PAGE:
There have been a lot of cabbages at my house, so far this year. We've made many of them into pot-stickers (aka dumplings), which we freeze, then heat-n-eat later. Sometimes I'll chop a half and add it to fried rice, or slice and sauté one with a chopped shallot and whatever other green we happen to have on hand. That makes a great side- dish for pasta or some sort of meat.
Yes, this again. Jenny Nelson's Grilled Salmon, with the magical glaze I still promise to share with you someday, is always a hit in my house. And this salad is the best way I've found to use up red cabbage. It has cashews and carrots and mint and dressing.
Still one of very few ways I can get my kids to eat cabbage. The recipe is from Vegetarian Times, September 2011, p, 69, I just add thinly sliced pork to the stir fry. Serve with small flour tortillas and hoisen.
Super simple, this rustic pasta of Polish origin highlights the flavors of fresh produce abundant in spring, summer and fall. The ingredient list is short, the cooking time is quick and it pairs well with roasted pork loin for a dinner suited to mushroom lovers (like me) and otherwise inclined family members alike.
In the past couple of weeks we have eaten at least five cabbages. Winter, or spring in some places, is cabbage season. They are beautiful in the garden, gathering dew with dusty hues of plum, pale and bright green. And they are great in salads of all sorts, stir fried and steamed. But sometimes I'm just not sure what to do with them all.
Last year I received Mark Bittman’s How to Cook Everything for my birthday, from a dear friend. It is a big and impressive book and because of its heft and lack of fancy photographs, I lumped it into the same go-to-first category that Irma Rombauer’s Joy of Cooking and Deborah Madison’s Vegetarian Cooking for Everyone occupy at my house.
Well, thats not a photo of today's dinner - but it is my husband, Jason, taking part in the Oakland Running Festival's Half Marathon, which was part of our big day of Bar-B-Que. The kids and I left the house early and spent the morning cheering on the corner of 28th street and Martin Luther King Jr. Way, which, incidentally, is right down the street from Novella Carpenter's Ghost Town Farm - I think has been renamed Goat Town Farm? Either way - it was a blast to check out the produce section of her farm, meet some bees, a couple of rabbits and a nervous goat. Best of all, one of her book's most beloved characters dropped by for an appearance - Bobby. You'll find that exciting if you've read Farm City.
We also managed to pick up some of her goat cheese, which was in short supply. But, for all of you over there in O-town, it sounds like she'll be having more for sale in the future. You should check her website for future events - though I see that its not available today, apparently because her domain name registration hasn't been renewed. Hopefully someone will pickup the tab on that one.
The goat cheese is delicious, and will be featured in tomorrow's dinner. Like the cheese my friend Kristin made at Tunitas Creek Ranch, Novella's is very mild, and I think that might be due to having only female goats around. I'll check with Kristin and see if thats the case at her farm too. Not that I'm planning to raise goats (is that allowed in San Francisco?) but its really fascinating that having a billy goat around would make the milk taste more, uh, goaty. Novella mentioned the boys would make the cheese taste bad, but I'm not sure if thats the goatyness, or some other sort of bad.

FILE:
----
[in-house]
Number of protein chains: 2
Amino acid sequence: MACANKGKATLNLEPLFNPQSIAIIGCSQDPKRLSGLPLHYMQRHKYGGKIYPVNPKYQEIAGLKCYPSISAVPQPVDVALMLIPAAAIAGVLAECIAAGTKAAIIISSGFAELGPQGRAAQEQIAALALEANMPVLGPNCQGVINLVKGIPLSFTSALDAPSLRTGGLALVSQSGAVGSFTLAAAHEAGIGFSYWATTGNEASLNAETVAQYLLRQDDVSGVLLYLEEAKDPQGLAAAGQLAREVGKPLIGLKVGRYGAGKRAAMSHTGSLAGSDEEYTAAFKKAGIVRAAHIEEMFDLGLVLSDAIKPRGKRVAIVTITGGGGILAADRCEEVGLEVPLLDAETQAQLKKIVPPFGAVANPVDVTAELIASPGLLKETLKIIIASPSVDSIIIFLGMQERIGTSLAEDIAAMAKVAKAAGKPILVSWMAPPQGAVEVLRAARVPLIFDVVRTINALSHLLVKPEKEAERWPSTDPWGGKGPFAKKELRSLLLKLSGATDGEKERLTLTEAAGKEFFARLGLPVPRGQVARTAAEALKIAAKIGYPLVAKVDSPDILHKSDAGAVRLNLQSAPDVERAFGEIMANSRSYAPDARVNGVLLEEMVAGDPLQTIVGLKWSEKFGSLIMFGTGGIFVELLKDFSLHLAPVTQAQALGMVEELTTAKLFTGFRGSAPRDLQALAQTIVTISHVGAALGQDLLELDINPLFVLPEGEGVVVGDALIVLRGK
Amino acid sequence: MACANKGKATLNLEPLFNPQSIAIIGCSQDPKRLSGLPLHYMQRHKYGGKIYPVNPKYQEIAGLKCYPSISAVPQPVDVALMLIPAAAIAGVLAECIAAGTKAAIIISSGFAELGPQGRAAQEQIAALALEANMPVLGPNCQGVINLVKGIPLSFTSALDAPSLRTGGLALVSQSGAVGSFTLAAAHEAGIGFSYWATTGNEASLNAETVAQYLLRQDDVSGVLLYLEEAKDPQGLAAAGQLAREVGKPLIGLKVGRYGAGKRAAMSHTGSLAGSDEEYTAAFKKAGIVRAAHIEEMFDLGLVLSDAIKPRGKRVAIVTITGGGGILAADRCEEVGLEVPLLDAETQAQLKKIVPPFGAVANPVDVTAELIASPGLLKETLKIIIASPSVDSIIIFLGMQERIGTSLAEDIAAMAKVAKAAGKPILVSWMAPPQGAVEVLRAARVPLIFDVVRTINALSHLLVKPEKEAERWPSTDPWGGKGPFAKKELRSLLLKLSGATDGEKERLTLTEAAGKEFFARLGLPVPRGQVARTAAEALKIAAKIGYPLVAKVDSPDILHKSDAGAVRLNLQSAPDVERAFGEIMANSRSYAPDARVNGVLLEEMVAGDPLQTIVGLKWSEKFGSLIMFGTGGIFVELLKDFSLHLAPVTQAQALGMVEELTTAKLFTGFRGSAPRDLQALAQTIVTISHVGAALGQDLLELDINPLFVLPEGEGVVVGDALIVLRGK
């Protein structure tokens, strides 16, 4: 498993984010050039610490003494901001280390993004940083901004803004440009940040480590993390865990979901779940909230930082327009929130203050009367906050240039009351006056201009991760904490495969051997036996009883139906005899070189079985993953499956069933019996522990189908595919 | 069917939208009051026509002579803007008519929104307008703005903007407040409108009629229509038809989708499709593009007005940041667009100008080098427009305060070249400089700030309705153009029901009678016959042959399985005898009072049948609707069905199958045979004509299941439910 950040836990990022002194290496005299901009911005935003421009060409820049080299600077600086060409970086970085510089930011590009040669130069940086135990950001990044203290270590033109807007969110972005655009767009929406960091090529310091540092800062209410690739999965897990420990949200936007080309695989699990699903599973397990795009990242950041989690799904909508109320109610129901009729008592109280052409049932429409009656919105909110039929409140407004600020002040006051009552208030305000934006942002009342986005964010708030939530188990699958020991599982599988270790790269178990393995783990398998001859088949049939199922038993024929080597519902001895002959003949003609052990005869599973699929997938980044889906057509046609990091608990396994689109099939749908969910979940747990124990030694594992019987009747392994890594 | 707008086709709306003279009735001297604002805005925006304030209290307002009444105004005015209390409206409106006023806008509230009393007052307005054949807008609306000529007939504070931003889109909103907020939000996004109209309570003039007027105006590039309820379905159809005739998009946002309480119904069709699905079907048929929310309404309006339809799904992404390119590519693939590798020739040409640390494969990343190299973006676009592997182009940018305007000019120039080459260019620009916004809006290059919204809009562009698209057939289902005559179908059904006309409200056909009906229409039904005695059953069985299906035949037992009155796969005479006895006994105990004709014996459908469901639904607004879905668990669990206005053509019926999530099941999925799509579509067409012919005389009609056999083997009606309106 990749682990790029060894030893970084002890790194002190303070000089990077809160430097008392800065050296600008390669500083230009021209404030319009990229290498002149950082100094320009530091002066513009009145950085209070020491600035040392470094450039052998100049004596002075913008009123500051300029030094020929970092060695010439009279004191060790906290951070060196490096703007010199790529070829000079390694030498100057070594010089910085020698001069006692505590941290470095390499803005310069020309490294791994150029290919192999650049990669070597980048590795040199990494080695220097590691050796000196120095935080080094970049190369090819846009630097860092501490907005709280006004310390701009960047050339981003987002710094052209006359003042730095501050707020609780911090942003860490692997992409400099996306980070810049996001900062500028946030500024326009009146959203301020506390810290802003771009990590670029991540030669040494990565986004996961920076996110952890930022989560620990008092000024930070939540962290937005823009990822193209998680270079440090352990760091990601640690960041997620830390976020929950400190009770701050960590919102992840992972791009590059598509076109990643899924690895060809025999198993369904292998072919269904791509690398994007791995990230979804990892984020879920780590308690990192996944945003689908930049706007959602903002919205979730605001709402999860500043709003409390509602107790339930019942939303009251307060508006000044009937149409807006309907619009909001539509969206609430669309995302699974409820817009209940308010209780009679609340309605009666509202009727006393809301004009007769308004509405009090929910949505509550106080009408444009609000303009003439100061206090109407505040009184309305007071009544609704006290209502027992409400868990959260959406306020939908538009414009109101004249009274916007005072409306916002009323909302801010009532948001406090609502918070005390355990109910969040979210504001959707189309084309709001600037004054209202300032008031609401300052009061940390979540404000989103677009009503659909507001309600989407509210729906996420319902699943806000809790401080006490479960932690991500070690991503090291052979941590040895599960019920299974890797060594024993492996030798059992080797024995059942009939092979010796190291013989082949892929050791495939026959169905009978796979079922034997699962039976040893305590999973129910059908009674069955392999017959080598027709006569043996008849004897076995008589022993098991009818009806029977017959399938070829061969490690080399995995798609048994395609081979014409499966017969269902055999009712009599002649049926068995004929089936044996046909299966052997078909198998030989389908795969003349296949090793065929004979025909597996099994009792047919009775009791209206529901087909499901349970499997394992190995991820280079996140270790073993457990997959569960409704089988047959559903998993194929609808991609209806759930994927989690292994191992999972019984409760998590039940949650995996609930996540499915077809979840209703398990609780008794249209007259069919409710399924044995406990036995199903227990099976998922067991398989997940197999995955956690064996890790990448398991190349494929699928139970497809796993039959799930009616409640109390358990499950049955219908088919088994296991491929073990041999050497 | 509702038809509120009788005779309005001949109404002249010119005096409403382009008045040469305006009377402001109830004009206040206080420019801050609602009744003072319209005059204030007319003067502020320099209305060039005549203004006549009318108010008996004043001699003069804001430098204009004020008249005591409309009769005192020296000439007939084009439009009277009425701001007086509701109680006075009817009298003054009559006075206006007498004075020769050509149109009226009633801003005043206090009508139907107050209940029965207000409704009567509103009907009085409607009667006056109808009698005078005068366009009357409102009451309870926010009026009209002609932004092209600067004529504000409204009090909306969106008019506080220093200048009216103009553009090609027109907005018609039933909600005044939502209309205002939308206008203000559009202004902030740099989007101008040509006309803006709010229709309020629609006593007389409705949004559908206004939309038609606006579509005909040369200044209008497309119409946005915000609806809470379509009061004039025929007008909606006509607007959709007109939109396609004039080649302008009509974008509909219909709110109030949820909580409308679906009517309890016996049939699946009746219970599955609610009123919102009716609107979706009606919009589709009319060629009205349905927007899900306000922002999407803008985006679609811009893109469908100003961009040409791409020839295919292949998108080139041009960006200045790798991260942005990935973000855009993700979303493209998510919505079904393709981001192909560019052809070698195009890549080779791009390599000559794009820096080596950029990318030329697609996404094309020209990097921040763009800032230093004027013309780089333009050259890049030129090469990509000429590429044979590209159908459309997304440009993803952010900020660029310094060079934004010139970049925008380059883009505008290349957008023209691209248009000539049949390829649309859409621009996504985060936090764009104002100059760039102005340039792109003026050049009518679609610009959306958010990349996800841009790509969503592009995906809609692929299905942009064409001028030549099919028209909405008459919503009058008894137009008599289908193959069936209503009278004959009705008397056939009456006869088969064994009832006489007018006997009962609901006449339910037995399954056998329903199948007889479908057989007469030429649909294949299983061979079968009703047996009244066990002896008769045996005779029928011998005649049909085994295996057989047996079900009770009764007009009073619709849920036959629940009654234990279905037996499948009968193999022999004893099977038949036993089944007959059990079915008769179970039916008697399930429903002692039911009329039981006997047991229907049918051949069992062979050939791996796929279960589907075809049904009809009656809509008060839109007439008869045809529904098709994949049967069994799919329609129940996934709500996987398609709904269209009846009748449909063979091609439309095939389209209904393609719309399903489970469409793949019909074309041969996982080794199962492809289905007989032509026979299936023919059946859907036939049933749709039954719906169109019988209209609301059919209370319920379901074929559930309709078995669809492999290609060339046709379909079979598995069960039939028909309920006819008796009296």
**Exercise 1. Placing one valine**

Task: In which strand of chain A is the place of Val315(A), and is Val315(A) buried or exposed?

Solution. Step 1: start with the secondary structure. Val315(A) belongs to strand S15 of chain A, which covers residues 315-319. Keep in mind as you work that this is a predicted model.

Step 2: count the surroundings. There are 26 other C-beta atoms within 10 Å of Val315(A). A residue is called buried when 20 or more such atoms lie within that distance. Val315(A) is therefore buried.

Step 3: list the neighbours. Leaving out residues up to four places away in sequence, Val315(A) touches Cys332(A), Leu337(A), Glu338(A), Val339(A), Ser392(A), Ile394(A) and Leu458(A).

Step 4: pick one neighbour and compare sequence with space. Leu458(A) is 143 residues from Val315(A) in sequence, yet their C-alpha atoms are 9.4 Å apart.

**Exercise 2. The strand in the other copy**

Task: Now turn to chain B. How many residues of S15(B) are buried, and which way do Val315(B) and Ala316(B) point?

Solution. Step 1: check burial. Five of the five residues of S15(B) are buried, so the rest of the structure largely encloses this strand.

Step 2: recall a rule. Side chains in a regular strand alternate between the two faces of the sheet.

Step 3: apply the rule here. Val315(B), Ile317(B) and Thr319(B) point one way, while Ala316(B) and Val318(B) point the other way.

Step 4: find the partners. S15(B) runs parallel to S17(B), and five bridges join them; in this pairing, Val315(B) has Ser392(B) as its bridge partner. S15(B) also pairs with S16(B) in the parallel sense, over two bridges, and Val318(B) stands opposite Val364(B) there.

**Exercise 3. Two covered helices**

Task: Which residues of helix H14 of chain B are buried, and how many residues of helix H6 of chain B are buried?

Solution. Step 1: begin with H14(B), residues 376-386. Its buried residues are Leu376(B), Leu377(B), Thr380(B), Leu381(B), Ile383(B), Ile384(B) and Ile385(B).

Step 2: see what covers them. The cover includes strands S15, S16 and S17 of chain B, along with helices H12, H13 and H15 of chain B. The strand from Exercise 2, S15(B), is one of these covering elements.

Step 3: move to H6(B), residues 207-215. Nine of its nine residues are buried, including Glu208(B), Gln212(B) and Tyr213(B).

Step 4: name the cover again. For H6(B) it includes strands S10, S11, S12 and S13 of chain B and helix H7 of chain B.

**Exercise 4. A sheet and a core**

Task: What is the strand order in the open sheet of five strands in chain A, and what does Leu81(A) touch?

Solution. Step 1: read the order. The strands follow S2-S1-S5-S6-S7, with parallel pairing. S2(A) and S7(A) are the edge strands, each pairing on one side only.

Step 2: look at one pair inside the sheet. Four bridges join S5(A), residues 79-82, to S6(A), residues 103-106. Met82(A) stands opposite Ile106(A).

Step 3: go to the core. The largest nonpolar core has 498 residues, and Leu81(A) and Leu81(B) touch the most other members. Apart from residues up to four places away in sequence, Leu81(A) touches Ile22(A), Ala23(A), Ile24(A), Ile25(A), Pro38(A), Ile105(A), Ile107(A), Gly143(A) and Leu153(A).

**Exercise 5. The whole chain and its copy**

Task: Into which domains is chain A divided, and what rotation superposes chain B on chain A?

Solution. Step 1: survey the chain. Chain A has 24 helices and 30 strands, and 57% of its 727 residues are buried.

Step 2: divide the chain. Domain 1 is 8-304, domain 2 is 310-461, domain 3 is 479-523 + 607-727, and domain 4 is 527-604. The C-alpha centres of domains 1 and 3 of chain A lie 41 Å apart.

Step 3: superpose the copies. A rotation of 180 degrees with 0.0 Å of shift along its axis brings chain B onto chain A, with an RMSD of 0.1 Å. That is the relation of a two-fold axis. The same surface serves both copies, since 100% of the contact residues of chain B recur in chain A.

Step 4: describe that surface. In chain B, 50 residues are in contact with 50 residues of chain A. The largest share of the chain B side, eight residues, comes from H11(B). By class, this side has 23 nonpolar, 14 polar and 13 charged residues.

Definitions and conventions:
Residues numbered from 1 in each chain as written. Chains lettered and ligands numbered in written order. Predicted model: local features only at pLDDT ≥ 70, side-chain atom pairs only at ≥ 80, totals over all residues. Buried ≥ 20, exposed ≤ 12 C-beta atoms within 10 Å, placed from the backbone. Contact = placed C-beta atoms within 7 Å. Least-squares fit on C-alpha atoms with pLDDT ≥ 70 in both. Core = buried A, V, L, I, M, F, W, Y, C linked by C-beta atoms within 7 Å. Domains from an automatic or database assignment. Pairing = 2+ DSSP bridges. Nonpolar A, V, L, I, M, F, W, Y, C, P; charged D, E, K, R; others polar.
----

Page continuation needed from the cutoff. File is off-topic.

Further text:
After the race and our farm tour, we headed over to my pal Steph's in the Oakland hills and cooked up some ribs I had stashed in the back of my car - in a cooler, marinating in Jason's spice rub. They turned out great after an hour or so on the grill with a little BBQ sauce. To go along with the ribs, Steph and I assembled one of the oddest recipes I've encountered lately - but it was really good. Asian style coleslaw with toasted ramen noodles. Bizarre. I can't think of an ingredient you could possibly put in there to replace the ramen.
Jason's Rib Rub (adapted from The Complete Meat Cookbook by Bruce Aidell):
This is good on pork, and probably beef too:
2 Tablespoons paprika
2 Tablespoons chile powder
2 Tablespoons brown sugar
1 Tablespoon ground cumin
1 Tablespoon dry mustard
1 teaspoon ground sage
1 teaspoon dried oregano
1/4 cup salt
Mix all the ingredients together - it will store in a tightly sealed jar for a couple months. Rub it on the ribs then refrigerate for 12 hours or so. Grill the ribs dry or with some BBQ sauce.
Steph's Asian Coleslaw:
1 head of cabbage, shredded (this means very, very thinly sliced. I might use my Cuisinart next time)
2 bunches of green onions, chopped
2 packages of ramen, crushed (don't add the flavor packet!)
2 small packages of slivered almonds (or pine nuts)
2/3 cup sunflower seeds
Heat the oven to 450°. Toast the ramen, almond or pine nuts and sunflower seeds until slightly golden, stirring often. Right before serving, mix the cabbage, green onions and toasted things together in a big bowl.
For the dressing, mix in a lidded jar:
1/4 cup cider vinegar
1/2 cup olive oil
1/2 cup sugar
1 tablespoon soy sauce
1/8 teaspoon salt
1/4 teaspoon pepper
Screw the lid on tightly and shake furiously. Just before serving, pour the dressing slowly over the salad, and stop when the amount seems right to you - this recipe makes quite a bit of dressing. Toss the salad and serve!